New Delhi, May 30: The journey from being ‘Modi’ to the ‘Moditva phenomenon’ has been of a loner, and that of a man who vanquished adversaries at virtually every stage.
Till February 27, 2002, Narendra Modi was another BJP leader and at best a Chief Minister. But once the Sabarmati Express train was torched killing Ram Bhakts and that resulted in carnage between Hindus and Muslims in his home state – Narendra Damodardas Modi has not looked back.
He turned disadvantage into advantage. Besides dealing with detractors in Congress who wanted to nail him in 2002 riots, Modi also overcame hurdles posed by party colleagues like Sanjay Joshi as well.
At one point even his trusted lieutenant Smriti Irani had questioned his role during the carnage of 2002.
In 2013, his declaration of being made BJP’s ‘prime ministerial candidate’ was opposed by none other than his mentor L K Advani.
In 2002, during the peak of mayhem, Prime Minister Atal Behari Vajpayee asked him in public to discharge ‘Raj Dharma’. "With what face I will go abroad," Vajpayee had said at a Muslim relief camp.
Dealing with all that requires more than the assertiveness, and Modi has shown the single mindedness. And the right synthesis of Hindutva inclined nationalism punctuated with development and him (Modi) being seen as an architect of change transformed him into a big national leader.
A leader India was waiting for. A leader – whom millions see as a ‘messiah’ – who can perhaps solve all their problems.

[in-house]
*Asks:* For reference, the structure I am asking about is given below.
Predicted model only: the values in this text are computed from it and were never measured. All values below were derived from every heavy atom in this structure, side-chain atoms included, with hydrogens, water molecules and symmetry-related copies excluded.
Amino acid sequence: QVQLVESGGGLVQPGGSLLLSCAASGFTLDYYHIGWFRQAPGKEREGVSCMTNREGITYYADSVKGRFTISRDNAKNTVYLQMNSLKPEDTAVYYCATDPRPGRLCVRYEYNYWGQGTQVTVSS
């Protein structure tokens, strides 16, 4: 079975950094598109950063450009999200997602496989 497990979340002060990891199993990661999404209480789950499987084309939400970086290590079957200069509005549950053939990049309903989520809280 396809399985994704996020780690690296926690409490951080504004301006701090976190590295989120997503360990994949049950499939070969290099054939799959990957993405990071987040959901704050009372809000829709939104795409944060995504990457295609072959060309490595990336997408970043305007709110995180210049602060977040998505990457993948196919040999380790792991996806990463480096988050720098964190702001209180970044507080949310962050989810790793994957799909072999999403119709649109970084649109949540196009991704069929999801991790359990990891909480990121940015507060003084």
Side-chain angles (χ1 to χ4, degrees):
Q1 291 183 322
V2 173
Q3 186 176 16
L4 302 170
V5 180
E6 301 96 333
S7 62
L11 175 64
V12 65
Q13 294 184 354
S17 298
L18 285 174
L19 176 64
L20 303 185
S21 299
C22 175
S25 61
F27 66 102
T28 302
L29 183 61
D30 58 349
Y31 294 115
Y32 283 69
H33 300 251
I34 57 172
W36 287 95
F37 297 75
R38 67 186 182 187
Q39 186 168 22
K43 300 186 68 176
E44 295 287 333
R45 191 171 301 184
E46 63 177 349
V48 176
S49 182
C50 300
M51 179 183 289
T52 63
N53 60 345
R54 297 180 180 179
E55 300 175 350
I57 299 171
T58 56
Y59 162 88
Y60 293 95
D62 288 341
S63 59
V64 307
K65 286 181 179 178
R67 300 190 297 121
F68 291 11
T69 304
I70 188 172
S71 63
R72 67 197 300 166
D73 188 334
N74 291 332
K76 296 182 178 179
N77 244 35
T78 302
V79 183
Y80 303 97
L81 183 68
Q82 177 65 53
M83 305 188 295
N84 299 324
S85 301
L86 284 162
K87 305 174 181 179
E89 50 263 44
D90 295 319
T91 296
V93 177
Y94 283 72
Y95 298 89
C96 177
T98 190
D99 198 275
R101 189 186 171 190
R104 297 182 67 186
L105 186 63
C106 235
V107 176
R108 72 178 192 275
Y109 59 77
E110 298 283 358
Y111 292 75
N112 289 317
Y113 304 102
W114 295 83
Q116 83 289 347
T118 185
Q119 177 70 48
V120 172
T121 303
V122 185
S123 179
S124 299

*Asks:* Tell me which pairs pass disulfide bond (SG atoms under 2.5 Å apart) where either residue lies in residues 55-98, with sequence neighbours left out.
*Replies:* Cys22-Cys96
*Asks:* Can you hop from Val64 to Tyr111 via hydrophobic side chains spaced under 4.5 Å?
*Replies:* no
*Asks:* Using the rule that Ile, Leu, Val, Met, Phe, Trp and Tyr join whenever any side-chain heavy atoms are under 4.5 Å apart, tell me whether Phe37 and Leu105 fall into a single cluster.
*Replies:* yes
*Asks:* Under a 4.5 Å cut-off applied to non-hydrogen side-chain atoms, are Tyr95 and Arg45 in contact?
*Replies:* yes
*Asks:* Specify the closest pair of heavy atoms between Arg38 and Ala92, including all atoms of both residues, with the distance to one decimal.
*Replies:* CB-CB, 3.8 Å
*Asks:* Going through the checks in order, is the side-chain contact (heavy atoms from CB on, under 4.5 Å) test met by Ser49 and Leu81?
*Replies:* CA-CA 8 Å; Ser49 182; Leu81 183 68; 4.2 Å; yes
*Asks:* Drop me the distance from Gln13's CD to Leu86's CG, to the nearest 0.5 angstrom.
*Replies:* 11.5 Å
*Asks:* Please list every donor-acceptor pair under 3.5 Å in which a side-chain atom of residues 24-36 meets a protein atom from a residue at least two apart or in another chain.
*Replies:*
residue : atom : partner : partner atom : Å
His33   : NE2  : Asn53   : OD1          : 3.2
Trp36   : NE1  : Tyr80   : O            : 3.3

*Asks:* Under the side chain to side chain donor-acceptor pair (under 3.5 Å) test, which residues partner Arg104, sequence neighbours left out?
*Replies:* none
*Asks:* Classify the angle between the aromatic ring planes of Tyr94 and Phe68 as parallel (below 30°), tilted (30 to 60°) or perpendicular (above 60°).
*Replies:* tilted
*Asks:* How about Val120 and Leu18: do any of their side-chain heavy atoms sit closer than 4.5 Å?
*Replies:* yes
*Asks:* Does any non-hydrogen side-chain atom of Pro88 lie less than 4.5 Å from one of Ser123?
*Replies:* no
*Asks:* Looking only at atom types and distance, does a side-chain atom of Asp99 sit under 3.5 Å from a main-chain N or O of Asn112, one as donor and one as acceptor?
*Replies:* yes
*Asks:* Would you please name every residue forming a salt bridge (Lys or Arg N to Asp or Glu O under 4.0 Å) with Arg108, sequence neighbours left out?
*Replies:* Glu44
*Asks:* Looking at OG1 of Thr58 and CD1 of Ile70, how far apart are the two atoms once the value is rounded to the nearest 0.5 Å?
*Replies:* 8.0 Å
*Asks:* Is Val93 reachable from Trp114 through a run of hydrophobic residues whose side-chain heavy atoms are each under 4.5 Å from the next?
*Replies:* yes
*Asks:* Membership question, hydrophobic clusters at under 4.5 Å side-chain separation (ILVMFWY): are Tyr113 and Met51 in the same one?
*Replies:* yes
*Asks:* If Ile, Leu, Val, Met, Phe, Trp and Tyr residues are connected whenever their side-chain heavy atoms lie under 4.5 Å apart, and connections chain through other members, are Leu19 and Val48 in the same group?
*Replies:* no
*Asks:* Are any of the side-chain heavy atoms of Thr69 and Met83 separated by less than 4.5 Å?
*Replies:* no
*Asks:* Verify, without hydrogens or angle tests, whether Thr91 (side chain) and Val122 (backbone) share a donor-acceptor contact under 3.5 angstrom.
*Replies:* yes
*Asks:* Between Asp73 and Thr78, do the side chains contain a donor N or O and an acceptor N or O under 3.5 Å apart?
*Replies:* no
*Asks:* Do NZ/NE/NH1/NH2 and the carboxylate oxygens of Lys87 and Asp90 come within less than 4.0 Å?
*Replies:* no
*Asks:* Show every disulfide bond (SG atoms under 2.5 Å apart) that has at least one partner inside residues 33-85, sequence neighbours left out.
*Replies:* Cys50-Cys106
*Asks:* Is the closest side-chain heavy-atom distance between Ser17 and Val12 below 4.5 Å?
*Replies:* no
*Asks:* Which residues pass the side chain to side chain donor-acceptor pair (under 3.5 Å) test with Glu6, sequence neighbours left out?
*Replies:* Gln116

A leader – who cannot be wrong even for taking away their legitimate currency notes; and a leader who will unleash the true economic potential of the world’s largest democracy.
Many unhesitatingly laud his image of a mystic Indian – a yogic in meditation but yet someone who connects so well via video conferences and Twitter.
He is also a leader who says that the country of about 22 per cent poor people can embrace an imaginative world of ‘Digital India’.
Born on September 17, 1950, Modi first became Gujarat Chief Minister at the age of 51 on October 7, 2001.
He had gone there more as a stop gap arrangement after Bhuj quake. But once the mayhem had settled down and Gujarat was drenched saffron in December 2002 elections, the writing was clear.
On the swearing-in day attended by the then Prime Minister Atal Behari Vajpayee and other BJP stalwarts – there were banners reading ‘Aayo rey aayo, Gujarat ne sher aayo (Here comes Gujarat’s lion).
Modi grew larger than life.
‘The Brand Moditva’ was in the debate and statisticians did not fail to appreciate that BJP’s vote share had gone up to 51 per cent in 2002 – much higher than 44.8 per cent in 1998 and 26.7 in 1990.
It was a neo-Modi -riding on the Hindu consolidation. The BJP recorded a resounding victory even in Panchmahal and Dahod showing that post-Godhra riots had brought in also tribals and OBCs under the influence of Hindutva school of politics and thought.
But, even as success came along; all of it was not like a walk along the bed of roses.
In between in 2005, he was denied Visa by the US. By 2004, the government had changed in Delhi and in 2007 assembly polls Sonia Gandhi called him ‘Maut Ka Saudagar (A merchant of death)’.
An ear on the ground politician that he is – Modi turned the table; and said ‘Soniaben’ has insulted five crore Gujaratis. All this in a state where entrepreneurship and business are virtues! He won 2007 assembly polls.
Modi mixed his cards well. He emerged ‘protector of Gujarati pride’. At times – he played up Hindutva-nationalist card using the phrase ‘Mia Musharraf’ to perfection and made it clear that there will be ‘no appeasement’ of Muslims.
He kept winning elections after elections and only after 2012 – he made a venture ‘outside’ Gujarat. (UNI)